Propagating Succulents

My Garden Life
September 25, 2019
Table of Contents
Everyone loves succulents, for gardens indoors and out. They are extremely low-maintenance and provide a range of interesting shapes and textures for your landscape, container garden, or houseplant collection. Because succulents carry a large part of their food and water supply in their leaves and offshoots, it’s easy to propagate them, which means you can always have a low-cost source for obtaining more plants. Using three favorite succulents as examples, here are the steps to follow if you want to propagate your own:

Echeveria

Echeveria, like sedum, jade, and most other succulents with leaves, can be propagated as follows:

  1. Gently twist a leaf off the plant making sure to get the whole thing without tearing it.
  2. Let the leaf dry three to four days or until the end where it was broken from the stem heals over.
  3. Set the leaf into a shallow bed of potting soil formulated for succulents (available at most garden centers). Make sure the broken end of the leaf is making good contact with the soil.
  4. Place in a spot with strong, but indirect, light and water the top of the soil lightly a few times a week. Within a few weeks, roots will start to form and grow baby plants.
  5. Once the baby succulents are about an inch high (2.5 centimeters), carefully remove the original leaf (now probably starting to wither) and pot the baby plants.



Hens and Chicks

Hens and chicks can be propagated from a single leaf, from the plant offsets (“baby chicks”), or from the stems of taller species.

Start a plant from one of the offsets (or “chicks”)

  1. The baby chicks that grow from the mother plant (or “hen”) can be worked gently free from the hen and placed base down on top of a succulent potting mix. It’s best to select babies that are at least an inch (2.5 centimeters) in diameter to get off to the best start.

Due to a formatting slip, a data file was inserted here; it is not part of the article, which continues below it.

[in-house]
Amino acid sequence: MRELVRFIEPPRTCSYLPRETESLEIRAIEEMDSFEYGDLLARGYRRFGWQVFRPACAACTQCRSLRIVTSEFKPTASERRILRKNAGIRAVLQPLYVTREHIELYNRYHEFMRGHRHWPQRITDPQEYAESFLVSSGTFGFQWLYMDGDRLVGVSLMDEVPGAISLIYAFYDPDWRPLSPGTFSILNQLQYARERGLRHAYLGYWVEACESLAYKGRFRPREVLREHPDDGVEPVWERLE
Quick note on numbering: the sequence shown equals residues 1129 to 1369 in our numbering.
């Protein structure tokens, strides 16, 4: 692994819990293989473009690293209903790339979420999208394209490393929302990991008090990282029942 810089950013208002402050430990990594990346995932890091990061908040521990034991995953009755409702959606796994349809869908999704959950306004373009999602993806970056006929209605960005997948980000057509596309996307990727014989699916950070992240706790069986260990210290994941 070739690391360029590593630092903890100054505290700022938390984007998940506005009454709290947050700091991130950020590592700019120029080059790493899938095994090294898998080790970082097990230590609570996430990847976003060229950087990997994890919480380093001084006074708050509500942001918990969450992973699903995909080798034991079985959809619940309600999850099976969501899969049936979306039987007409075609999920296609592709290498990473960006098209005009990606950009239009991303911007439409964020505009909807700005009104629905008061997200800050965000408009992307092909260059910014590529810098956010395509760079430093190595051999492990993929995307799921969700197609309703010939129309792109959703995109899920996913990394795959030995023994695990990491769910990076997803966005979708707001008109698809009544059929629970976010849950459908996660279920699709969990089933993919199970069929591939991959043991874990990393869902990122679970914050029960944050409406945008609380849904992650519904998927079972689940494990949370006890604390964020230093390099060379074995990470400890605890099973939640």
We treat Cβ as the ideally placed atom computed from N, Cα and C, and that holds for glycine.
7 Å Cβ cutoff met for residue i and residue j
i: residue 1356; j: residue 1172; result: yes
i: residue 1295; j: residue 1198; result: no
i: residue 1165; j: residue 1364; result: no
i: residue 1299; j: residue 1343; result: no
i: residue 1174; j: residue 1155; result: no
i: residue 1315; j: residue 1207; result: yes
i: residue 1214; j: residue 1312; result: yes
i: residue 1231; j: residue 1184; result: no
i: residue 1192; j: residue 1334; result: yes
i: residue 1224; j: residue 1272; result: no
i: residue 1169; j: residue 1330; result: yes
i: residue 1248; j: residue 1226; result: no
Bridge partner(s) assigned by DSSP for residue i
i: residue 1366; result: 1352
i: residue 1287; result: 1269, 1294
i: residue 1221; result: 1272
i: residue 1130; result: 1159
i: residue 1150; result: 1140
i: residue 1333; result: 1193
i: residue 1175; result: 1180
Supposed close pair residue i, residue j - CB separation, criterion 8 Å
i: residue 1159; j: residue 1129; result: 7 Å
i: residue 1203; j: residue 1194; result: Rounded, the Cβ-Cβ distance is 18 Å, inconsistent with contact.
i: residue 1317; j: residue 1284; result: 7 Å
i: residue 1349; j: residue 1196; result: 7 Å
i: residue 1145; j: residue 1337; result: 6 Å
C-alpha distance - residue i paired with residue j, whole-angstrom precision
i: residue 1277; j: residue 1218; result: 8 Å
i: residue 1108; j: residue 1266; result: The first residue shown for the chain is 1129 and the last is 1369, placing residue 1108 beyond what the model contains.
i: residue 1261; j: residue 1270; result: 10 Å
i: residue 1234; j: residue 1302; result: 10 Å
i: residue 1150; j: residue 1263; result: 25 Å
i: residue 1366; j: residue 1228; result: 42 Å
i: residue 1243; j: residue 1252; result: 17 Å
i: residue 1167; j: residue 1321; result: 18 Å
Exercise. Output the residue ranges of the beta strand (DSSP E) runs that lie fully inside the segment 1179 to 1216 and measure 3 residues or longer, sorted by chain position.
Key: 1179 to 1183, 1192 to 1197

2. Place in a pot with holes in the bottom for drainage and place the pot in strong but indirect light.
  3. Don’t water until roots form (you’ll be able to tell because the chick will become fixed in place) then water regularly, allowing the top of the soil to dry out between waterings.

Start a plant from a stem

  1. For the varieties of hens and chicks that grow upright branches, you can propagate by cutting a branch one to two inches (2.5 to 5 centimeters) below the leaf head.
  2. Let the branch cut heal and dry as you would with a leaf, then insert it into a two-inch (2.5 centimeter) pot filled with succulent potting soil.
  3. Place in a spot with strong, but indirect, light and water the top of the soil lightly a few times a week. Within a few weeks, roots will start to form.

Aloe

Aloe plants can be propagated in two ways; using the plant’s leaves or the baby plants that develop at the base of the “mother” plant.

Take leaf cuttings

  1. Using a sharp knife or pruning tool, smoothly and cleanly cut off a leaf near the base of the plant.
  2. The cut end will ooze a clear, gel-like substance so be prepared to place the leaf on a dish, cloth, or other surface. Let the cutting sit for 2-3 days until the cut end dries and heals over.
  3. Place the cutting into a pot of sterile planting mix with the cut end in the soil.
  4. Put in a location with strong, but indirect, light and water the top of the soil lightly a few times a week. Within a few weeks, roots will start to form.

Remove baby plants

  1. Find one of the baby aloe plants at the base of the mother plant, make sure it has at least four leaves, and carefully cut it away from the roots of the mother plant.
  2. Let the cut dry and heal for several days then continue as you would for a chick offset (above).


Succulents are some of the hottest plants around. They’re fun and easy to grow, and available in so many interesting varieties. The only real problem with them is you never seem to have enough! But follow these steps for propagating your own succulents, and you’ll be able to home-grow a garden full of these popular plants with plenty left over to share with your plant-loving friends.
Still can’t get enough about succulents? Click here for even more projects and information about succulent plants.

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